To obtain a permit, you must have no criminal record, proven income and residence, gone through compulsory military service, pass a drug test, have a job, and have a justifiable reason. You are permitted one handgun for self-defense and must be purchased from the Ministry of Defense.
Other Ways to Defend Yourself as an Expat Prepper
If you’re contemplating a seasonal or permanent move to another country, the reality is you may have to go without firearms. That doesn’t mean you’re left entirely defenseless, however. There are other options you can consider.
Tasers and Stun Guns
Although legal in most of the United States, other countries have a less lenient view of these non-lethal weapons. Civilians are not authorized to own or use any sort of electroshock weapon in most countries, although police officers and military personnel may have access to tasers as part of their weapons arsenal.
Don’t think you can be sneaky about carrying a taser or stun gun either. In the UK, if a taser is discovered disguised as another object, such as a flashlight or cell phone, you’ll get 5 years in prison. If you own want in its original design, it’s 10 years and an unlimited fine.
Stun guns are a viable, non-lethal option in the U.S., regardless of any expat plans. A good stun gun, like the Vipertek VTS-989, costs less than a box of ammunition, is rechargeable, and also has an LED light!
Pepper spray is also known as capsaicin spray and can be categorized along with dog control and anti-bear sprays. These sprays work by temporarily blinding the animal or person that gets it in their eyes. It is painful, causes the eyes to become inflamed, and can cause shortness of breath.
Pepper spray is illegal to carry in even small amounts in some countries including the UK, Iceland, Sweden, Belgium, China, and Denmark. Having pepper spray in a country where it is banned may result in a fine, prison time or even deportation, so do your research.
Switzerland, Germany, India, Finland, and Portugal allow you to carry pepper spray if you have a special license to do so. Some countries, like Canada, may allow you to carry it but if you use it against a person you can be charged with assault, fined or sent to jail.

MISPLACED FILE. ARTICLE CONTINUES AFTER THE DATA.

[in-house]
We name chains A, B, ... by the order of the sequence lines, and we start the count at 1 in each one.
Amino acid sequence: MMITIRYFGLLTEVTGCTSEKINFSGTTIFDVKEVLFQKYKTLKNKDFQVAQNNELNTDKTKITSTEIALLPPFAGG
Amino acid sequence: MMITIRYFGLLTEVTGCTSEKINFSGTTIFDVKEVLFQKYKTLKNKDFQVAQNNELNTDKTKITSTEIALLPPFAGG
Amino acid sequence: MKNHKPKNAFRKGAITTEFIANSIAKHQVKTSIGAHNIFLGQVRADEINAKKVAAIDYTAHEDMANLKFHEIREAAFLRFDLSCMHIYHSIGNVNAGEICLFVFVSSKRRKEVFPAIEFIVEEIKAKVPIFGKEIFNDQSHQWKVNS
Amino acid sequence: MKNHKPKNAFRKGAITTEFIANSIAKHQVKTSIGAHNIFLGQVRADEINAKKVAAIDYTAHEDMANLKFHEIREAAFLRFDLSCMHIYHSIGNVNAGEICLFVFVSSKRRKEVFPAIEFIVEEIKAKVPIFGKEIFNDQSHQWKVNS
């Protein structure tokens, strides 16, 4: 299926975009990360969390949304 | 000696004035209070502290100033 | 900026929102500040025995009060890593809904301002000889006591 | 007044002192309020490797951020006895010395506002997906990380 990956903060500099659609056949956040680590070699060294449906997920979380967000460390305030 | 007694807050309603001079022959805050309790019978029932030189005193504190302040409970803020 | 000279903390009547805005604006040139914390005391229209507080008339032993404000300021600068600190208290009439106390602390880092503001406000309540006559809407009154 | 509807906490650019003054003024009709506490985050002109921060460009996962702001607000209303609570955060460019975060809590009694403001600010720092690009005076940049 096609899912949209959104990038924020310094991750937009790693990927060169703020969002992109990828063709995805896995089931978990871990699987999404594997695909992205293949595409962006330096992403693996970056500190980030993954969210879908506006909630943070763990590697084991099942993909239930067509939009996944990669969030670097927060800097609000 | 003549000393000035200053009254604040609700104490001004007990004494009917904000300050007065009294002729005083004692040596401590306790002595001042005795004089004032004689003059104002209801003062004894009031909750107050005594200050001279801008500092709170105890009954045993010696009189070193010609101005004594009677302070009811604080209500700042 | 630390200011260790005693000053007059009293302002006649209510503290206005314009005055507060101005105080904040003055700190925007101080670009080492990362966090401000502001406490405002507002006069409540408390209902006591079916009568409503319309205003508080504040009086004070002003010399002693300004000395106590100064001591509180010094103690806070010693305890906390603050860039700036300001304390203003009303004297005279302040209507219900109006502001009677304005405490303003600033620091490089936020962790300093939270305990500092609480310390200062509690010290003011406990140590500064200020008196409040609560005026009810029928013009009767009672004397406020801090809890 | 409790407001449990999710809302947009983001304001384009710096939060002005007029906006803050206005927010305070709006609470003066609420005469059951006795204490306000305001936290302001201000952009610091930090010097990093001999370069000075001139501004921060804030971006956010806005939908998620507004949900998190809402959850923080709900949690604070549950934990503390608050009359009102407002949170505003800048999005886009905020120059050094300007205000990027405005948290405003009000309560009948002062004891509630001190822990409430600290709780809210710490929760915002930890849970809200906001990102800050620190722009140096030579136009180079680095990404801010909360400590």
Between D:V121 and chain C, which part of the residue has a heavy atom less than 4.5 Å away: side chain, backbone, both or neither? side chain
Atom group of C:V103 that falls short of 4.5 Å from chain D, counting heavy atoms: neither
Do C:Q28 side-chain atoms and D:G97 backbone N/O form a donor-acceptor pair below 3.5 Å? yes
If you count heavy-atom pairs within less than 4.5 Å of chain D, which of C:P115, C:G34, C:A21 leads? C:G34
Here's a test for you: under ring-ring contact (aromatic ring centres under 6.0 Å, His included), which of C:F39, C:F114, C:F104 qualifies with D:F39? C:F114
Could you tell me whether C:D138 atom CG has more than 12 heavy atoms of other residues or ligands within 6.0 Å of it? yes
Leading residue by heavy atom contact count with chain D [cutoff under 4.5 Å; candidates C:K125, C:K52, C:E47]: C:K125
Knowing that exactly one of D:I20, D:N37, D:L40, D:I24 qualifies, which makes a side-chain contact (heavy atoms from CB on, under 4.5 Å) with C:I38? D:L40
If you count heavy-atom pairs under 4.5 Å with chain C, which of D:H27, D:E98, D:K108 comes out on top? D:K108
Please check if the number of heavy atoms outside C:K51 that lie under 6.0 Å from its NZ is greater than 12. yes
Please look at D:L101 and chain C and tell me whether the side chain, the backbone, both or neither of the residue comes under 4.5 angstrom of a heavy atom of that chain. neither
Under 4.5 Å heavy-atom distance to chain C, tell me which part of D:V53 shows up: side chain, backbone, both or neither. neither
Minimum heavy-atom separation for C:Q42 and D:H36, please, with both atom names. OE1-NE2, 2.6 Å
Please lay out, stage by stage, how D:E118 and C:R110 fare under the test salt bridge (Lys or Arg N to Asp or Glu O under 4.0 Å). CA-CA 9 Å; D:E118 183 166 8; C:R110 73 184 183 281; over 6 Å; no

Like the stun gun above, pepper spray is also a viable, non-lethal self-defense option right in the U.S. SABRE Advanced Pepper Spray is not only compact, but costs less than a hoity toity coffee at Starbucks!
You may have some wiggle room in the tactical baton category. Although there are restrictions in some countries, odds are if you aren’t carrying it about in the street, no one will make a fuss about your possession of one.
There are some exceptions, however. Canada prohibits spring-loaded batons. Ireland has banned telescopic truncheons. The UK enacted the Offensive Weapons Act in 2019 which took away the legality of tactical batons even when kept at home.
It’s common in Mexico to stroll through the countryside with a machete and nobody bats an eye. We keep an extra machete in our truck and on the front of the motorcycle for situations that may arise. Not all countries are as lenient with knife laws though.
In Belgium, you can not carry a knife on your person or inside a vehicle without legal reason. Canada has criminalized knives that open automatically with five years of jail time for possession.
There are no restrictions on knife possession as long as they are not used to commit a crime in the Czech Republic. Fixed blade and folding knives can be bought in France but not carried. If they are kept in a vehicle, they must be in a locked compartment.